DISTRICT HEATING on the rise
Sustainable and efficient – district heating is on the rise and helping to achieve climate targets. The planned expansion benefits both the industry and the environment.
District heating is an important alternative to oil heating systems. Almost 50 percent of the energy in Austria is already obtained from renewable sources. 150 sustainable projects are on the rise in Austria. By 2030 Austria's district heating networks will increase to 6,500 km - roughly the length of the Earth's radius. This also means an increased demand for piping components. Due to the expansion of district heating, more and more customers are being connected to the district heating network. This network connects the consumers with the producers, i.e., power plants, where heat and electricity are generated at the same time (combined heat and power). Further means of heat production that are particularly sustainable are thermal recycling of waste in incineration plants and the use of waste heat from industrial and sewage treatment plants with the help of large heat pumps.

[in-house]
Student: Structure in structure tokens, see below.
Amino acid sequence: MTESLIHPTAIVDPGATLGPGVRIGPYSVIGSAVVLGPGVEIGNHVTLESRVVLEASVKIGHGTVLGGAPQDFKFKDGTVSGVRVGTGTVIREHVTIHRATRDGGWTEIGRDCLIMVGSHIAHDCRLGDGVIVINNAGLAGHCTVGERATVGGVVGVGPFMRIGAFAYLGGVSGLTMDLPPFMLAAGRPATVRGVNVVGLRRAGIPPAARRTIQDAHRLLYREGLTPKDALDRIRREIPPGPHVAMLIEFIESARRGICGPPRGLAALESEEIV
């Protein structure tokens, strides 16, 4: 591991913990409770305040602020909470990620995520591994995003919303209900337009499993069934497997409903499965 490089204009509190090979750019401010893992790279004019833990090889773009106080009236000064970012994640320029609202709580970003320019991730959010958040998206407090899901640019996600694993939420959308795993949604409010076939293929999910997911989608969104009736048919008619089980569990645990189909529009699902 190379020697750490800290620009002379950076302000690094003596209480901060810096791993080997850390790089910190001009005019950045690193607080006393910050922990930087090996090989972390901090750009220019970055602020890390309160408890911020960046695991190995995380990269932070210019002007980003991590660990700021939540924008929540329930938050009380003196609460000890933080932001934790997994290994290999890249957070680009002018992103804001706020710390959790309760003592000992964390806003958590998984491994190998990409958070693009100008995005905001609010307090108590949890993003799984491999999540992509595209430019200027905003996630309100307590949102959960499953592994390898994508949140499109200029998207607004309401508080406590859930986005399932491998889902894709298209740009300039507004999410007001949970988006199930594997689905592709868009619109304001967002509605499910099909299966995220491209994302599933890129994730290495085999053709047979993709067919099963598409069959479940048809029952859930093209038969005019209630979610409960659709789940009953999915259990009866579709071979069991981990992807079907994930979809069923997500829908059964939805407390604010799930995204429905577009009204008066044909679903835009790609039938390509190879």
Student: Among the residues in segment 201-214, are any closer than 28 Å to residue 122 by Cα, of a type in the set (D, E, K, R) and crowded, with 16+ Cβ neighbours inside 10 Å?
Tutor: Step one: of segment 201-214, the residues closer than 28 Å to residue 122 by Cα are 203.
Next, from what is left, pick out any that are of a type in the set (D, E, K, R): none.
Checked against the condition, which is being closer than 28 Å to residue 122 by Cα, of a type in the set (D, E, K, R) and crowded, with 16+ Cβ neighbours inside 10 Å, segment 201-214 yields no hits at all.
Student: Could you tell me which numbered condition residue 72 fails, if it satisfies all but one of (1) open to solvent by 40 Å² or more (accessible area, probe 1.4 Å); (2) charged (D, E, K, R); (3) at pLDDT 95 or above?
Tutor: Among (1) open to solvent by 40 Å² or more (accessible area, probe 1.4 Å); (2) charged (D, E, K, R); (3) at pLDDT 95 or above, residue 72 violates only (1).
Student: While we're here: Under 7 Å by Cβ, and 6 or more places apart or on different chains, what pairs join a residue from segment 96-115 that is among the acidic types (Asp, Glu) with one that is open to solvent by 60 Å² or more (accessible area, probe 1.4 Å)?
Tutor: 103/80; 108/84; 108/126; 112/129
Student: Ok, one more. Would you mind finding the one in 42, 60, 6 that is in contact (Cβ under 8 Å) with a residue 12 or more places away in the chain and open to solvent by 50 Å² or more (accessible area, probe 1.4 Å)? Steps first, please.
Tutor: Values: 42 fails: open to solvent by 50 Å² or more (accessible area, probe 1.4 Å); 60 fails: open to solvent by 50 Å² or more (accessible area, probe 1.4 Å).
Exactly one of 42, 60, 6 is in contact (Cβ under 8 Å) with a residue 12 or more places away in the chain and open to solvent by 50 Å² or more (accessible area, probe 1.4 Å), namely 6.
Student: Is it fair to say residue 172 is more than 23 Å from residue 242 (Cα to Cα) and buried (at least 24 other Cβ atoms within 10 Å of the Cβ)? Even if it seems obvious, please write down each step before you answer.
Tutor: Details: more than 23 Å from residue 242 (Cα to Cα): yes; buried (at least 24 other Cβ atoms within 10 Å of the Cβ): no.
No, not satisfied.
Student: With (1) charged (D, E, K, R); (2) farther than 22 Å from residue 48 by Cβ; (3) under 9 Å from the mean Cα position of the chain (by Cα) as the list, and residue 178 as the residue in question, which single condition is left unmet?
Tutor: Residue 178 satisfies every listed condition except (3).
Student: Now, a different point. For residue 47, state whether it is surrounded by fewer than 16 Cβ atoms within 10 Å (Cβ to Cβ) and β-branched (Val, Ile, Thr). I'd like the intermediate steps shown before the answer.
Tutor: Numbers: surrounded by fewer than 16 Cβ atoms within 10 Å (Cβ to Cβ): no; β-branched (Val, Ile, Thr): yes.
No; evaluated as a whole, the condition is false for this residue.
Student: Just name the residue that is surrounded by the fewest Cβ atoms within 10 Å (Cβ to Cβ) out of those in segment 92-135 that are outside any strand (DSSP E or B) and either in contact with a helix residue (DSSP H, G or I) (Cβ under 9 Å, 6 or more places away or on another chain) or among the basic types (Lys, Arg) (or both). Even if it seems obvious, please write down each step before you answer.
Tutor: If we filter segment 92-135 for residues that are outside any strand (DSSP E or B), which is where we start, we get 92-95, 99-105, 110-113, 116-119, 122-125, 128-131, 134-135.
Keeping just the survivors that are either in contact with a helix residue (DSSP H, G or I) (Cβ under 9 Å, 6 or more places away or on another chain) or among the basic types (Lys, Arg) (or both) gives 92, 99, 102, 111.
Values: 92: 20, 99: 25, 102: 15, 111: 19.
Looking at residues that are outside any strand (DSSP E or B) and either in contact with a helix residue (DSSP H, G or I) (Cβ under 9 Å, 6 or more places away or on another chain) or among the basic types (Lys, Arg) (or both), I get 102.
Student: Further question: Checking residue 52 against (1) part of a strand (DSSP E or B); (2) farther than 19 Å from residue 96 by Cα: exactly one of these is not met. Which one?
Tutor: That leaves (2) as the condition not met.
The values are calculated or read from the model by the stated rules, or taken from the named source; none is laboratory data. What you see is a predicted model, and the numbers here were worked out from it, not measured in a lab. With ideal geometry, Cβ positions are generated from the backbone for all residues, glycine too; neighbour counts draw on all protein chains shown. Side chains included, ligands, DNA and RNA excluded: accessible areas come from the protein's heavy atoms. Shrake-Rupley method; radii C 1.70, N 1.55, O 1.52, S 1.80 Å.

District heating network with KLINGER ball valves and piston valves
In order to keep heat loss to a minimum, pipes are carefully insulated before they are buried in the ground or laid in collector corridors. The water flows through the pipes at between 90°C and 160°C. The high temperatures allow as much energy as possible to be transported. In addition, the pipes are under high pressure to overcome the varying elevations in the supply area. Hot water flows from the producer, transporting the energy to the consumer, and returns as cooled water. This cycle can extend for kilometers. All of this puts a lot of strain on the material. Not just the pipes, but also the valves and gaskets have to be very robust in order to withstand the physical forces acting on them.
Products of KLINGER Fluid Control in district heating
For more details of this article please download the file below.